phyliss_miranda.jpgLast year my daughter and I went to New York City on business.  We stayed at a hotel right off Times Square and on our walk back to the hotel every evening we stopped to goggle some larrupin’ good delicacies at a bakery.  We resisted until the night before we left when we stopped.  After a minute or two of discussing which item we wanted and realizing the owner had been watching us stop each night, we placed our order.  The gentlemen, while wrapping up our goodies, simply asked, “You don’t have these in your country?”  I was surprised but I think he was more surprised that we live in Texas and Texas is in the USA.

As a disclaimer, I was born and raised in the Texas Panhandle and I’ve never kicked my Texisms nor have I tried.

The second incident that made me wonder about the Texisms that I think are normal but may not seem so to other people was a review of The Tycoon and the Texan.  Now keep in mind that this contemporary romance begins out in California with my hero and heroine working together, but the last third to half wraps up their relationship in the panhandle of Texas on the Johnson-LeDoux Ranch.  If you followed my western historical anthologies with Linda Broday, DeWanna Pace and Jodi Thomas, you’ll recognize the LeDoux Ranch at Kasota Spring, Texas.

The first book of my new series “Kasota Springs Romance Series” The Troubled Texan hasThe Troubled Texan Good lots of 4th and 5th generation Kasotans.

A couple of reviews on The Tycoon and the Texan were particularly harsh about my Texisms.  One wrote that she or he had never heard half of the words I used and doubt they were real words that people in Texas use today.  After I got out of my poor pity party, I realized that there are many areas of the US who don’t understand our Texisms and certainly don’t realize that we still use words and phrases that were used in the mid-1800’s.  But then let’s not forget that this part of Texas wasn’t settled until around 1875 … that’s less than a century and a half ago.  As a matter of fact, many of our ranches are owned by the original families.  The bank we do business with is still owned and operated by the same family who founded it in the 1800’s.

Well, all of this put together gave me cause for thought.  Maybe you all might like the definitions of some of the words and phrases we use … so here goes.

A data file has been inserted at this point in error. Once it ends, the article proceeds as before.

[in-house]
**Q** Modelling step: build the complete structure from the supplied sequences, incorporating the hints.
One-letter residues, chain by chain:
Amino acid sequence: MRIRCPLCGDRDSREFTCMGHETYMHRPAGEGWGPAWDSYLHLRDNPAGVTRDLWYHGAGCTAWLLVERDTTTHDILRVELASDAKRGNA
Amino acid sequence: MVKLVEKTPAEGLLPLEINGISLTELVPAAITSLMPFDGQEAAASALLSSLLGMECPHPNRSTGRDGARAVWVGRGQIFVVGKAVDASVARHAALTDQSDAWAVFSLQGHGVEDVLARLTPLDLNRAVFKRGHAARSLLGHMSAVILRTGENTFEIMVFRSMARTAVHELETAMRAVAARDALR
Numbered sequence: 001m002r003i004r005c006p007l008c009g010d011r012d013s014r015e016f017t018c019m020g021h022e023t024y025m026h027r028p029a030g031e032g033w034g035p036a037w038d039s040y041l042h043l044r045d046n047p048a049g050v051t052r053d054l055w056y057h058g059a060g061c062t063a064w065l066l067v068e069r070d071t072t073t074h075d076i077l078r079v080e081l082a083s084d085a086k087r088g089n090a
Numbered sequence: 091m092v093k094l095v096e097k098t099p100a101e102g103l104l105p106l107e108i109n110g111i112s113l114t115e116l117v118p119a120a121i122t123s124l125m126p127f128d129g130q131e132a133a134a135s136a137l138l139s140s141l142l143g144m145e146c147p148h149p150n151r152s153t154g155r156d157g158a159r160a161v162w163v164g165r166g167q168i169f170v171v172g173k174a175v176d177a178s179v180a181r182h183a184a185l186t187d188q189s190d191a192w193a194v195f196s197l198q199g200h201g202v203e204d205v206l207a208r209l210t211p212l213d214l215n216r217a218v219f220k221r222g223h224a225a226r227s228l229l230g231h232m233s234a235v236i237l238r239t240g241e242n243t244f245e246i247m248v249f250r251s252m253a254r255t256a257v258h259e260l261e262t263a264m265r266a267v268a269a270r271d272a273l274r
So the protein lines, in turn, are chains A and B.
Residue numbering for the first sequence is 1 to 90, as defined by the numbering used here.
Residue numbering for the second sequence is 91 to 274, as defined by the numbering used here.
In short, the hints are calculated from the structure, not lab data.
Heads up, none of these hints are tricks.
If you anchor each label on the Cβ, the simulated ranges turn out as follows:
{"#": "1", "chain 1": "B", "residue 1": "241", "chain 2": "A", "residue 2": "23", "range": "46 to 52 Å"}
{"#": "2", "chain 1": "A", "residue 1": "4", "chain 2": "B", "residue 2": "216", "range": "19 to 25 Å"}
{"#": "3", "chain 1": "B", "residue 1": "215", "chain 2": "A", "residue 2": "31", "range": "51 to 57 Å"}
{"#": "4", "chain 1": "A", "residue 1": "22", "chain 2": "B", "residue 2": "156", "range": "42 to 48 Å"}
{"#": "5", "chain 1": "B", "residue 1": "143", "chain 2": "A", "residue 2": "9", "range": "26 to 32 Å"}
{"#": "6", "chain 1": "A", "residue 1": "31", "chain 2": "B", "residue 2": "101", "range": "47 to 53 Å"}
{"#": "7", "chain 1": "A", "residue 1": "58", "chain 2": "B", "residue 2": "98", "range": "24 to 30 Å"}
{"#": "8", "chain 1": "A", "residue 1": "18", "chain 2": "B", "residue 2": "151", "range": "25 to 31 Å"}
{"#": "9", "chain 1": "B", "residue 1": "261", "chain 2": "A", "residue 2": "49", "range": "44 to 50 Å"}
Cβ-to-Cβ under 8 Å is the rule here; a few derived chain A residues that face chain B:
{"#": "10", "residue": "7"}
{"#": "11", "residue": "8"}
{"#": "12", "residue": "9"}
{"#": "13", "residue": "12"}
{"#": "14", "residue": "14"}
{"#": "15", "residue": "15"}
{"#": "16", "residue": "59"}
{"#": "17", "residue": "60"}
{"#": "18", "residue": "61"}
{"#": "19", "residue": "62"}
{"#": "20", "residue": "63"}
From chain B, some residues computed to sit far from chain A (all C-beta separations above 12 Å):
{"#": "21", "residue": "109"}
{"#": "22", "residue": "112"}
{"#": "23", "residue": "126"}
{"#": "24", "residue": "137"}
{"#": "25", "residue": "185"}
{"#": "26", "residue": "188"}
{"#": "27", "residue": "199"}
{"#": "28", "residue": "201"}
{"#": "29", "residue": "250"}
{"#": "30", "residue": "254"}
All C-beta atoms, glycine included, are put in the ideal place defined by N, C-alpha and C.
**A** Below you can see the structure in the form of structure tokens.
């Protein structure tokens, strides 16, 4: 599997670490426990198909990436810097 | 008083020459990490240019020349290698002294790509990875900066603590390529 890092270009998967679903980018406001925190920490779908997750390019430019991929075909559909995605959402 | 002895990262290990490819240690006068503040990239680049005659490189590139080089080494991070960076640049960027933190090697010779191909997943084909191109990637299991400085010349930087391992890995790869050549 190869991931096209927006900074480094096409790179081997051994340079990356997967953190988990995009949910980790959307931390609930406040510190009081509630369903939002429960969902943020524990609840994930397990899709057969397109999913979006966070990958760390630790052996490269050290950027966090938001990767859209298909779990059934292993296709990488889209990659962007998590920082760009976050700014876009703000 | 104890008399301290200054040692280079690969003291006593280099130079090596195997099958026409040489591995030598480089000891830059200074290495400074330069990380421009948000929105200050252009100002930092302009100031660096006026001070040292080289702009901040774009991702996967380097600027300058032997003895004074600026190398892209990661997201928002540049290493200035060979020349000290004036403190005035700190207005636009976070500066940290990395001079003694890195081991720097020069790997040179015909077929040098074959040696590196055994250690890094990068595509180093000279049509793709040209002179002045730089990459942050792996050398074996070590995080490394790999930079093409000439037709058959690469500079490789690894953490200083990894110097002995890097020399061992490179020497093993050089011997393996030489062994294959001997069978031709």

Y’all or you all is both singular, plural or plural possessive.

Y’all come back, you hear. We don’t want an answer, but are inviting them individually and collectively to come back.

Now, all you all is definitely plural. Adding the all is self-explanatory.

We put y’all’s packages under the Christmas tree.

bull riderMosey is an interesting word, depending on how it’s used.  It can mean to move quickly or slowly.  A two thousand pound Brahma bull moseys pretty dern slow, while a cowboy moseying toward a honky-tonk for a cold beer would mosey that direction pretty quick.

I’ve written this before, but in case you missed it and plan a trip to the south please remember that you can’t just order a coke … you need to explain whether you want a Coca-Cola, Pepsi, 7Up, Dr Pepper or Root Beer.  We typically don’t use soda or pop, but I’ve heard a coke called a soda-pop.

Fixin’ can be a noun, verb or adverb depending on how it’s used:  I’m fixin’ to be in a fix because I’m missing some of the fixin’s for dinner, so I’m fixin’ to head for the grocery store.

For your wordsmith’s out there, here’s a regional note from the dictionary which I found interesting:  “Fixing to” ranks with y’all as one of the best known markers of Southern dialects, although it seems to be making its way into the informal speech and writing of non-Southerners.  “Fixing to” means “to be on the verge of or in preparation for doing a given thing,” but like a modal auxiliary (can, may, must, ought, shall, should, will and would, that are characteristically used with other verbs to express mood or tense), it has only a single invariant form and is not fully inflected like other verbs.  Its form is always the present participle followed by the infinitive marker to: They are “fixing to” leave without us.  Semantically, “fixing to” can refer only to events that immediately follow the speaker’s point of reference. Hell fire and brimstone, bring on the matches we all thought it was everyday language in Texas and are sure glad it’s made it’s way into the dictionary!”

Aren’t we glad someone went to all the trouble to explain fixing, except they obviously aren’t from Texas ‘cause we drop that useless “g” at the end?

I’ll leave you with a couple of Texisms you must know if you mosey into Texas and plan on stayin’ a spell.

Only a true Texan knows the difference between a hissie fit and a conniption fit.

A true Texan can point out the general direction of catawampus.

A true Texan grew up knowing the difference between “pert near” and “a right far piece. If all you all will keep these little ditties in mind when you are in Texas, it’ll likely keep you

Mobeetie Strap-Iron Jailfrom spending your vacation in the hoosegow.  An example, if you ask to buy some coke from the wrong party, you’ll definitely end up in the pokey.

Do you have a regional phrase, word, or saying you’d like to share with all of us?

To one lucky winner, I will give you an eBook of either The Tycoon and the Texan or The Troubled Texan.


Website | + posts

A native Texan, New York Times and USA Today bestselling author Phyliss Miranda still believes in the Code of the Old West and loves to share her love for antiques, the lost art of quilting, and the Wild West.